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C S Cizek May 2015
From across the hall, I watched her double
over Coleridge, sympathizing as she looked
up to the thin curtain filtering the street-light
universe past the pane held in hot glue.
The click-heels, car barks, ceaseless L-Train
turnstiles, tipsy choirs in cracked-door taverns,
hinges, keys on carabiners, bus hydraulics,
the wall clock, and her fingers caressing the page.
She loved a soft wind carrying birdsong
through screen doors and dowel chimes.
She used to leave her shoes lace-tangled
by the key rack until she saw glass pollen
sparkling in a caged tulip blossom.
She raised the book and sullenly whispered
the last stanza of Frost at Midnight
into the spine, wondering how anyone
could live away from impressionist-dandelion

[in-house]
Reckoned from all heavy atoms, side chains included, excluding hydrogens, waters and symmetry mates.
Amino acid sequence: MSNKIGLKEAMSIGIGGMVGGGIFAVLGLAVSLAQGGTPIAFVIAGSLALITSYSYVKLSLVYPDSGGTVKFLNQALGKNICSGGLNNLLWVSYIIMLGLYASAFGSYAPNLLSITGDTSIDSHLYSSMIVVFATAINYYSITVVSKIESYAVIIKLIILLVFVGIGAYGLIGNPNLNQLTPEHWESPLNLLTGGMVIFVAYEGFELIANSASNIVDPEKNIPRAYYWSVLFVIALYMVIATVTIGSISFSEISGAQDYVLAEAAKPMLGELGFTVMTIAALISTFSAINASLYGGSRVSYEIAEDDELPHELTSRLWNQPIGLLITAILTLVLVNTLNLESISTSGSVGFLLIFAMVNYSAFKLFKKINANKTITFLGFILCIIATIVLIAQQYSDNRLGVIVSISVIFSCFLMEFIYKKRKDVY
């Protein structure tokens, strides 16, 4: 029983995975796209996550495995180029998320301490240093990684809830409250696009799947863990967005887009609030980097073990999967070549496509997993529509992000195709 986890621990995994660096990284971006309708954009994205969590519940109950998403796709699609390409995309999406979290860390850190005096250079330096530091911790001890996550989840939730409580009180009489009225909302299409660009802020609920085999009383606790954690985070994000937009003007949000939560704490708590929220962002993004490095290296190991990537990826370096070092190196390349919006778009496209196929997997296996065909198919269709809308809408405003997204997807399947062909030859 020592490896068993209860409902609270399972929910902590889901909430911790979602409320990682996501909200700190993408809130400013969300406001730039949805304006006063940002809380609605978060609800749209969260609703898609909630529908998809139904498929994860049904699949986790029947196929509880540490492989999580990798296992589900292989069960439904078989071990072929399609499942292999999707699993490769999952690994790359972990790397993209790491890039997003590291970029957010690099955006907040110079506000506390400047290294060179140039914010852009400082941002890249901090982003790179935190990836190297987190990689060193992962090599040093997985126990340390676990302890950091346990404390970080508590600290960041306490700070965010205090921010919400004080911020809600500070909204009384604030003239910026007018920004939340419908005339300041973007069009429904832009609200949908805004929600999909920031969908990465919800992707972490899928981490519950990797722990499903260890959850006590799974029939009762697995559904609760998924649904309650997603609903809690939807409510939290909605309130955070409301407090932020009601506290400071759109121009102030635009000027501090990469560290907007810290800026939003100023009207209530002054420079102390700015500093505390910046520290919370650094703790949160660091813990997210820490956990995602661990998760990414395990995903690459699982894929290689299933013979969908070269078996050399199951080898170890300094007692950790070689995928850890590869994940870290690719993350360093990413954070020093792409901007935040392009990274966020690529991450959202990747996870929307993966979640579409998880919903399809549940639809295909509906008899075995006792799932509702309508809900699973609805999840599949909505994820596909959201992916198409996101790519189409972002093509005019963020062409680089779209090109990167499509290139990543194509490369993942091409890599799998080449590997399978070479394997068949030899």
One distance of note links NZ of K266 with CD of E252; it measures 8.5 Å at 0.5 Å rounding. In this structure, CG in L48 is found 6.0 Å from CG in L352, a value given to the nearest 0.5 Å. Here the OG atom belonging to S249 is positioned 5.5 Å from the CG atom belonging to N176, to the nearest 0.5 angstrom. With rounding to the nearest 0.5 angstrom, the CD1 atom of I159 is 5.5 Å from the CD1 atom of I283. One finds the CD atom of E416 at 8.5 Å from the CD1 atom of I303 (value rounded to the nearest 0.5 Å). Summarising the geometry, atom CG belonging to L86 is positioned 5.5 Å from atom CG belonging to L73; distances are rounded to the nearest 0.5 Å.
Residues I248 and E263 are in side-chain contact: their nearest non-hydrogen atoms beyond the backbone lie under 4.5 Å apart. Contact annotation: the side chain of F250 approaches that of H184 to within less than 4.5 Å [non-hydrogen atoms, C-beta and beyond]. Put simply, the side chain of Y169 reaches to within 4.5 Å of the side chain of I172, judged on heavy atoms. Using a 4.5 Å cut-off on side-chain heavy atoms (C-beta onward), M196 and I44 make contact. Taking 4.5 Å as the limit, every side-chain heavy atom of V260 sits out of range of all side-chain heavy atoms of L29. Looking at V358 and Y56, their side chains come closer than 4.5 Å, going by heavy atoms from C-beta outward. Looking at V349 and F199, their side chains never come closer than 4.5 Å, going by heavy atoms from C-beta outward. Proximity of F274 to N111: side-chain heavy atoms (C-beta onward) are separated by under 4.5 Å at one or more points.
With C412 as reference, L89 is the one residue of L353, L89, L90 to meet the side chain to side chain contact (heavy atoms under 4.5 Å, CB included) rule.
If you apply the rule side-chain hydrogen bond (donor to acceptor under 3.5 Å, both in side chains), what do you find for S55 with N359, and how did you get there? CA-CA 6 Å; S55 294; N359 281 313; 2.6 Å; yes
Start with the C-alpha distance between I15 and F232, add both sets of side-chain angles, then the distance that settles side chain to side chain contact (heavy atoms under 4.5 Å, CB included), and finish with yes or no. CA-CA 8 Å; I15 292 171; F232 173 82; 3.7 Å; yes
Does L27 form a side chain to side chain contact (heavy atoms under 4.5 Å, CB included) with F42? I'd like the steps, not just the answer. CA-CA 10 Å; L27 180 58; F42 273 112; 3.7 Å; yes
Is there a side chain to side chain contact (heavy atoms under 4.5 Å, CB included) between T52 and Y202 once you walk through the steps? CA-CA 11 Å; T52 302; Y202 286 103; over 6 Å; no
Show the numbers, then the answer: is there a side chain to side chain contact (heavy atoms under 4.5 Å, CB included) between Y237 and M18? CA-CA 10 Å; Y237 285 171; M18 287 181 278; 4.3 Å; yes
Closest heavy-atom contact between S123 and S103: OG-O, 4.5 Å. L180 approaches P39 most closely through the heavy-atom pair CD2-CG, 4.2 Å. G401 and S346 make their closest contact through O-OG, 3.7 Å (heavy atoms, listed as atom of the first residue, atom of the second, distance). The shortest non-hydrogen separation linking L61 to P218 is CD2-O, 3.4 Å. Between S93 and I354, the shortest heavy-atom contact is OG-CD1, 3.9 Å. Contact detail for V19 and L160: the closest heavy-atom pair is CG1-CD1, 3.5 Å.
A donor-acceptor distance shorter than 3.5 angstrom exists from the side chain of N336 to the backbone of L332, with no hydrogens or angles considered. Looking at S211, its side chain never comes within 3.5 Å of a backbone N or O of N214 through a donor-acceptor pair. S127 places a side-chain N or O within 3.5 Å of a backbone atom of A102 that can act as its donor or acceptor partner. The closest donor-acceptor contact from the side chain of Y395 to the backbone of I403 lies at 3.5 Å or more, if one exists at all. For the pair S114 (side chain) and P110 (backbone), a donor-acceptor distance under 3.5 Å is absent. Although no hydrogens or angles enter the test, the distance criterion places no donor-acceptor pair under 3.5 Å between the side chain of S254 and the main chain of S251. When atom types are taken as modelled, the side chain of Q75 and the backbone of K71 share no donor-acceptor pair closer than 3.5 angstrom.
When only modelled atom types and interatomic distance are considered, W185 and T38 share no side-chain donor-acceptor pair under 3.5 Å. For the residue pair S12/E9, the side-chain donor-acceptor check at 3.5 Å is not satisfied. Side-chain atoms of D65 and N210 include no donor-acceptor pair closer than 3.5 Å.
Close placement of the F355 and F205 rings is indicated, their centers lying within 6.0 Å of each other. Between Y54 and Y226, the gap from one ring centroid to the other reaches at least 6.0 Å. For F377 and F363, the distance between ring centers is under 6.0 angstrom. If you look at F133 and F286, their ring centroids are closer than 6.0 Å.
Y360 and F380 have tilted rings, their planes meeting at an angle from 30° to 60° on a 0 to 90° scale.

forests, children's plastic toys in the front yard,
and church bells at every hour.

I wondered the same thing.
This poem will be relevant to my girlfriend and I's situation in a few years.
C S Cizek May 2015
For Tom Surdam

Town's quiet—
aside from the timid
waltz of a porch-swing
wind chime and the backyard cricket
kingdoms. I passed the funeral
apartments, the static cat,
and the bar stool where my uncle
wore his soul sore on steel strings
in a wooden shot glass.
He was a good man, a cigarette
saint with a pacemaker scab. A tavern
sweetheart with a memory made
of drink chips and Marlboro foil.

I saw an asphalt toad on the bridge
bathing in the ghost glint of the only
stop light in town beside another
that was smeared like house paint
just inches from the storm drain,
from home.
C S Cizek Apr 2015
She sat, back to the paint-drip
furnace and the little, drywall
mountain beneath the single-
pane sun. Though we were hunched
over a tablecloth of ink and Xerox
study guides, I knew we were there
with our legs swung over, dripping
parallel to the faults in the face
where it threatened to split itself
and leak sweet, Colombian dirt.
We could feel the push of fifty million
coffee grounds at our steamed-milk heels
and the edge crumbling off into teaspoons,
but we didn't move.

We watched the teal-crystal sky
boil over instead.
C S Cizek Apr 2015